Mr. Obama, however, does not have a choice. While the overwhelmingly nonviolent protests in Egypt have been tarnished by violent incidents, the international (non-American) media has efficiently shown that such violence has been cynically incited by the government in order to discredit the revolutionary movement. And herein lays the reason why the United States cannot back Mr. Mubarak any longer: Constrained by the American master narrative of democracy and human rights, Mr. Obama finds himself caught in an “iron cage of liberalism.” Trapped by the type of rhetoric that has long defined the office of the American president, Mr. Obama must side with the protesters in order to maintain his credibility and avoid appearing ridiculously hypocritical.

In one of his earliest comments on the revolutionary situation, the American President declared that “The people of Egypt have rights that are universal. That includes the right to peaceful assembly and association. The right to free speech.” In short, the Egyptian people have the right to conduct a nonviolent revolution. As the world has witnessed the opposition’s mostly successful ability to remain peaceful in response to poorly camouflaged state violence, Mr. Obama has no choice but to turn his back on Mr. Mubarak.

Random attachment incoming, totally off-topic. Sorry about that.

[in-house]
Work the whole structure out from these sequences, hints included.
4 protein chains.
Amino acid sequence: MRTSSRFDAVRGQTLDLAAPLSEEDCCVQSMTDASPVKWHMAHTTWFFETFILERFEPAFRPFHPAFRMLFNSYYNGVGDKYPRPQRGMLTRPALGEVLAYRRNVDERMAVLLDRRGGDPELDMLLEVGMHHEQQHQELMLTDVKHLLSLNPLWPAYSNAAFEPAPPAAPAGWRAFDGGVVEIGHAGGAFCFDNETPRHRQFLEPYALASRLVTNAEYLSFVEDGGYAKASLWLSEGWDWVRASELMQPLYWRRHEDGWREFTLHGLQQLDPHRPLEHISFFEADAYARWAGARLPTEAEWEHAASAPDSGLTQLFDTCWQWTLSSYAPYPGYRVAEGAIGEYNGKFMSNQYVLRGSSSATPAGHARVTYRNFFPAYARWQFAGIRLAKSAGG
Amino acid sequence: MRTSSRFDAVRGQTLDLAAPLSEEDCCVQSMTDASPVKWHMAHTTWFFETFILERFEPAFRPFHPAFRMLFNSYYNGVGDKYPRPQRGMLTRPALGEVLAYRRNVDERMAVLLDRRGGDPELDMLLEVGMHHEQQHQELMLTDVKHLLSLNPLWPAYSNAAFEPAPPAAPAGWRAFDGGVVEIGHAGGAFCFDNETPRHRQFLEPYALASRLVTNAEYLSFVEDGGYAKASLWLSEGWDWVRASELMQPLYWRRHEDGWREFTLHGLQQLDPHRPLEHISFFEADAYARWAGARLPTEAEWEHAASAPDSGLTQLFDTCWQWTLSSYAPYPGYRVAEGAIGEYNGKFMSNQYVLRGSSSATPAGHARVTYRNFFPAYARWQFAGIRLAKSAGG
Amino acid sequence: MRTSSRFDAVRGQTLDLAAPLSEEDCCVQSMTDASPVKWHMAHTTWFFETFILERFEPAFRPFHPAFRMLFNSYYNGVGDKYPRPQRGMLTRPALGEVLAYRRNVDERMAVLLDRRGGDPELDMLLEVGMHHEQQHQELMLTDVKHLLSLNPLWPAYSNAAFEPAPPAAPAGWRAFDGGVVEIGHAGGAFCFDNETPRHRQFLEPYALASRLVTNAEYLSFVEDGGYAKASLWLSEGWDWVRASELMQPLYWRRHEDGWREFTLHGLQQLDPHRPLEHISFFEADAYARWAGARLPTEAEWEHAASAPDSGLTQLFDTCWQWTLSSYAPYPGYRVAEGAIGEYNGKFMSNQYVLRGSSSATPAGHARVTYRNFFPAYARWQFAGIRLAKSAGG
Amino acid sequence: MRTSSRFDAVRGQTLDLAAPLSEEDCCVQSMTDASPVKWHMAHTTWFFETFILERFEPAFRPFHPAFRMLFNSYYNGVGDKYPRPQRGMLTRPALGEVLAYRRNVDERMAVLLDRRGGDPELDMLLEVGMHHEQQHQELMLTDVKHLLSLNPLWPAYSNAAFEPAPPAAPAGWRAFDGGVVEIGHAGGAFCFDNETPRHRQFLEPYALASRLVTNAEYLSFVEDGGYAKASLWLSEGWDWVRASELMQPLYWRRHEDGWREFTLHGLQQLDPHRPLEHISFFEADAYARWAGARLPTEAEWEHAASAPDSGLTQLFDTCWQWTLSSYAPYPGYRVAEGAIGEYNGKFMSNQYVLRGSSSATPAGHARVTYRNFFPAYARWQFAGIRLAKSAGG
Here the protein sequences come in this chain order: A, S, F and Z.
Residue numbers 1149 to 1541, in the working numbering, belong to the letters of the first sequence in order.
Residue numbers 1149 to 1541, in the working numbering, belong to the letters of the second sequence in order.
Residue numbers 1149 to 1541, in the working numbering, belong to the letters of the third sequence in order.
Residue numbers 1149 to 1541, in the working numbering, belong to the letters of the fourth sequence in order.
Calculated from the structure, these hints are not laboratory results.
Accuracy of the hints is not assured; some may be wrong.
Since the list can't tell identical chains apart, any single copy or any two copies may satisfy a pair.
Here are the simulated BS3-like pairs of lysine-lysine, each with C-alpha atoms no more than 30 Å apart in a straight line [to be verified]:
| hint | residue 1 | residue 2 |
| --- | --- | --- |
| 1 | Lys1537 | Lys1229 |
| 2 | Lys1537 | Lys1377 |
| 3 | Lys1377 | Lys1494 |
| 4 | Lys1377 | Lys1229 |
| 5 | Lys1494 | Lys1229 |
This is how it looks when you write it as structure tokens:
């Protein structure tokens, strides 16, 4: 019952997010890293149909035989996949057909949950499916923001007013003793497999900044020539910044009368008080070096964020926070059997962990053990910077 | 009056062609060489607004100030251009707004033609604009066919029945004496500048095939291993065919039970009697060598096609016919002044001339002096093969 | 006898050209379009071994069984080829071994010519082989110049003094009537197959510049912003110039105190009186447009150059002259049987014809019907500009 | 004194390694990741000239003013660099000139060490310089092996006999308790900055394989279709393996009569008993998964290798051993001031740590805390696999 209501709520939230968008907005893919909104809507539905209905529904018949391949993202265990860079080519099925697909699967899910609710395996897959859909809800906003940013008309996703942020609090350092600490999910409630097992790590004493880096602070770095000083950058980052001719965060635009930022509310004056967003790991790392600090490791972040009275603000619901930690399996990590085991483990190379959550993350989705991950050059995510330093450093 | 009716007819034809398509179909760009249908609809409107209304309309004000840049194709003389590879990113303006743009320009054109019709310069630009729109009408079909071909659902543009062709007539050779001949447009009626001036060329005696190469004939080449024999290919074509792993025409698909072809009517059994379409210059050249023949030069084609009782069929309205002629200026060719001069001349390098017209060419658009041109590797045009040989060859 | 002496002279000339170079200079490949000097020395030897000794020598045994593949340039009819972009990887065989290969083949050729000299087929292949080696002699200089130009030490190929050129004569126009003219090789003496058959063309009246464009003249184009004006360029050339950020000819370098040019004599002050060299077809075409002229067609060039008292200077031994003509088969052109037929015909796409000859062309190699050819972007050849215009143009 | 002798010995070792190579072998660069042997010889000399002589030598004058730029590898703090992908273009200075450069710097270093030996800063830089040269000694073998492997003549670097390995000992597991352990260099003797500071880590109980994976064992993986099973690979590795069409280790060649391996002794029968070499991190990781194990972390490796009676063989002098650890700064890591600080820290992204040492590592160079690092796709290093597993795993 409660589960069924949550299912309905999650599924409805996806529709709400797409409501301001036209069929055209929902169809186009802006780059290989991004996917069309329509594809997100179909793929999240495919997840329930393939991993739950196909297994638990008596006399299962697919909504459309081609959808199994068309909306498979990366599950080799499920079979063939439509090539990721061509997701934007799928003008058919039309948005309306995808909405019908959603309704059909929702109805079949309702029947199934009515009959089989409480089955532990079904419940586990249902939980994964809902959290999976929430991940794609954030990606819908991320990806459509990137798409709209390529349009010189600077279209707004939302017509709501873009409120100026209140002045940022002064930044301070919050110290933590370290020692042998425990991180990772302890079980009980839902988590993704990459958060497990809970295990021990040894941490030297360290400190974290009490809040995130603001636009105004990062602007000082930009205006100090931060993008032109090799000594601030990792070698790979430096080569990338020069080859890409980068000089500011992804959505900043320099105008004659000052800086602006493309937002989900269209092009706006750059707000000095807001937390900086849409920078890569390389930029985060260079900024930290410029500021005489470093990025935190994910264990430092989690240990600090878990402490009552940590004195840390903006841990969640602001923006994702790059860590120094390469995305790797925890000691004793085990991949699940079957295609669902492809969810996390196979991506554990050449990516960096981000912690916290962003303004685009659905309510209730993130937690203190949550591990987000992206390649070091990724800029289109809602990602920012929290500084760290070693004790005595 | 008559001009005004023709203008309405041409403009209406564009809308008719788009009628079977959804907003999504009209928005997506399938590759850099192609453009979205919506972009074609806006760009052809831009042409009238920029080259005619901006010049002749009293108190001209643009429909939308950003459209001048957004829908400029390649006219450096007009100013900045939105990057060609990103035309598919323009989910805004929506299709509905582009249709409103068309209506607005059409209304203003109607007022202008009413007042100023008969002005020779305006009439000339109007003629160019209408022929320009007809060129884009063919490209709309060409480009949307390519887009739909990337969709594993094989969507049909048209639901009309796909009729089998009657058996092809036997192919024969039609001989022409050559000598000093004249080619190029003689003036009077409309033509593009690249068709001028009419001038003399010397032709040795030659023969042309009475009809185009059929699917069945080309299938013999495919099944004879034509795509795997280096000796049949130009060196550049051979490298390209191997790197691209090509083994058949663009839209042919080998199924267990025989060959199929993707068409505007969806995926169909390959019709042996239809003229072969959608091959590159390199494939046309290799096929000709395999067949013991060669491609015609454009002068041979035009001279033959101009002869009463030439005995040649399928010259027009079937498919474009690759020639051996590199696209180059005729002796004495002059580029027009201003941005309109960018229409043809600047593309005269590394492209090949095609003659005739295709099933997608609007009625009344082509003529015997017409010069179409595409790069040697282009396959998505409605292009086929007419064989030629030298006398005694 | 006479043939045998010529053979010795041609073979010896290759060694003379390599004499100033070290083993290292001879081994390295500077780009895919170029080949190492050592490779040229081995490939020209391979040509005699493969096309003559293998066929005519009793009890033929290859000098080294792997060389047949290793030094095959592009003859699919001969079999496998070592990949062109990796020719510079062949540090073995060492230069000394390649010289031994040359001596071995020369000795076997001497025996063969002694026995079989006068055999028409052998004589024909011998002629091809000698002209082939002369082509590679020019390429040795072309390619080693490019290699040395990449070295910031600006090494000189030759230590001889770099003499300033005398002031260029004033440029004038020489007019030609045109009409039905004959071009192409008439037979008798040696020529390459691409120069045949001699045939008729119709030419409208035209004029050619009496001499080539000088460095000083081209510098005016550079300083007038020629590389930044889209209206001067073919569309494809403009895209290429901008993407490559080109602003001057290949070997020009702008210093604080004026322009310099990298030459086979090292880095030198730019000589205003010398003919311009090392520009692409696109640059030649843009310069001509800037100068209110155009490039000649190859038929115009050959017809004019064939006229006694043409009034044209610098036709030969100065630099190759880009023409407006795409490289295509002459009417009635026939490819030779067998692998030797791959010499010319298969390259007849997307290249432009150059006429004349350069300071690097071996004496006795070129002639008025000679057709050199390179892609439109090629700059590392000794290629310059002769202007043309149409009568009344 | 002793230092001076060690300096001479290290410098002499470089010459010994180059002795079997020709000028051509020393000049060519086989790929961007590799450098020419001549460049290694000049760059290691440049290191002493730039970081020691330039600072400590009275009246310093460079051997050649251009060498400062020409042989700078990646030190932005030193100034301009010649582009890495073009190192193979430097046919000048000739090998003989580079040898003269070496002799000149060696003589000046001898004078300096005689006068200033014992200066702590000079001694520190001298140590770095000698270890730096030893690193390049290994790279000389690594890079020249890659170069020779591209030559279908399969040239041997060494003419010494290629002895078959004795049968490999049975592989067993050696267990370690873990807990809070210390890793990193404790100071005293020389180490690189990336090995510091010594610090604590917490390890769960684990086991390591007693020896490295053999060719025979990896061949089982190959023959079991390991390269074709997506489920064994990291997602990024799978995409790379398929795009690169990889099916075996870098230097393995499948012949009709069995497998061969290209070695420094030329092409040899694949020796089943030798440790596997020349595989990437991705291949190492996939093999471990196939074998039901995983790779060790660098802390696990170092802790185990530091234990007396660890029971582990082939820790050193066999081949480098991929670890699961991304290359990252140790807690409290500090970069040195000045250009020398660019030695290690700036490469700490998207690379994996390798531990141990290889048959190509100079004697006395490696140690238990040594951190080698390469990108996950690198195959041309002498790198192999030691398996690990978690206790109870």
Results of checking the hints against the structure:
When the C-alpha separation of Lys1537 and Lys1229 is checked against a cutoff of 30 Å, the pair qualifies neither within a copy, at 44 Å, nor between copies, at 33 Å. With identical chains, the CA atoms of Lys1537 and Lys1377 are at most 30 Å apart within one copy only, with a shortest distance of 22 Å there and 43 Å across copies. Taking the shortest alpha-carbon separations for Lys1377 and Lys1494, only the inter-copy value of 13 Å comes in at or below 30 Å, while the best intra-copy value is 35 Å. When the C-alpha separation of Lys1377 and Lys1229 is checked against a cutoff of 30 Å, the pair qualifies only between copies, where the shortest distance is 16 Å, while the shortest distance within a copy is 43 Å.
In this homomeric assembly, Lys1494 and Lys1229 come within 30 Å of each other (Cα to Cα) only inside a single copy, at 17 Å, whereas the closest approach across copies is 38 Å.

Similarly, as a supposedly democratic leader and ally of the West, Mr. Mubarak too is caught in the iron cage of liberalism and cannot use his police force or army to repress the people as long as the world is watching. Resorting to open repression would make American support impossible. Mr. Mubarak knows this, which is why plain clothed members of the secret police participate in “pro-Mubarak” demonstrations. Violence must appear to be popular, as state-sponsored violence would be unacceptable to the West and thus accelerate Washington’s abandonment of its ally.

Despite the mounting problems his administration is wrestling with, perhaps Mr. Obama can find some comfort in the fact that he is not the first American president to be held hostage by American values. In response to Jimmy Carter winning the White House on a human rights platform in 1976, shrewd Iranian revolutionaries decided to emphasize the shah’s dismal human rights record in order to neutralize his American support. And in the Philippines, President Reagan reluctantly informed his friend Ferdinand Marcos that it was time to enter into early retirement after massive nonviolent protests made U.S. patronage impossible.

As events in not only Egypt, but also in Tunisia, Jordan and Yemen suggest, would-be revolutionaries are well-advised to employ nonviolent tactics in their struggles for democratization. When a nonviolent battle is fought before curious, and sometimes fearful, international audiences, Western politicians face a near impossible task in supporting blatantly dictatorial regimes. Mr. Obama and Mr. Mubarak are learning this the hard way.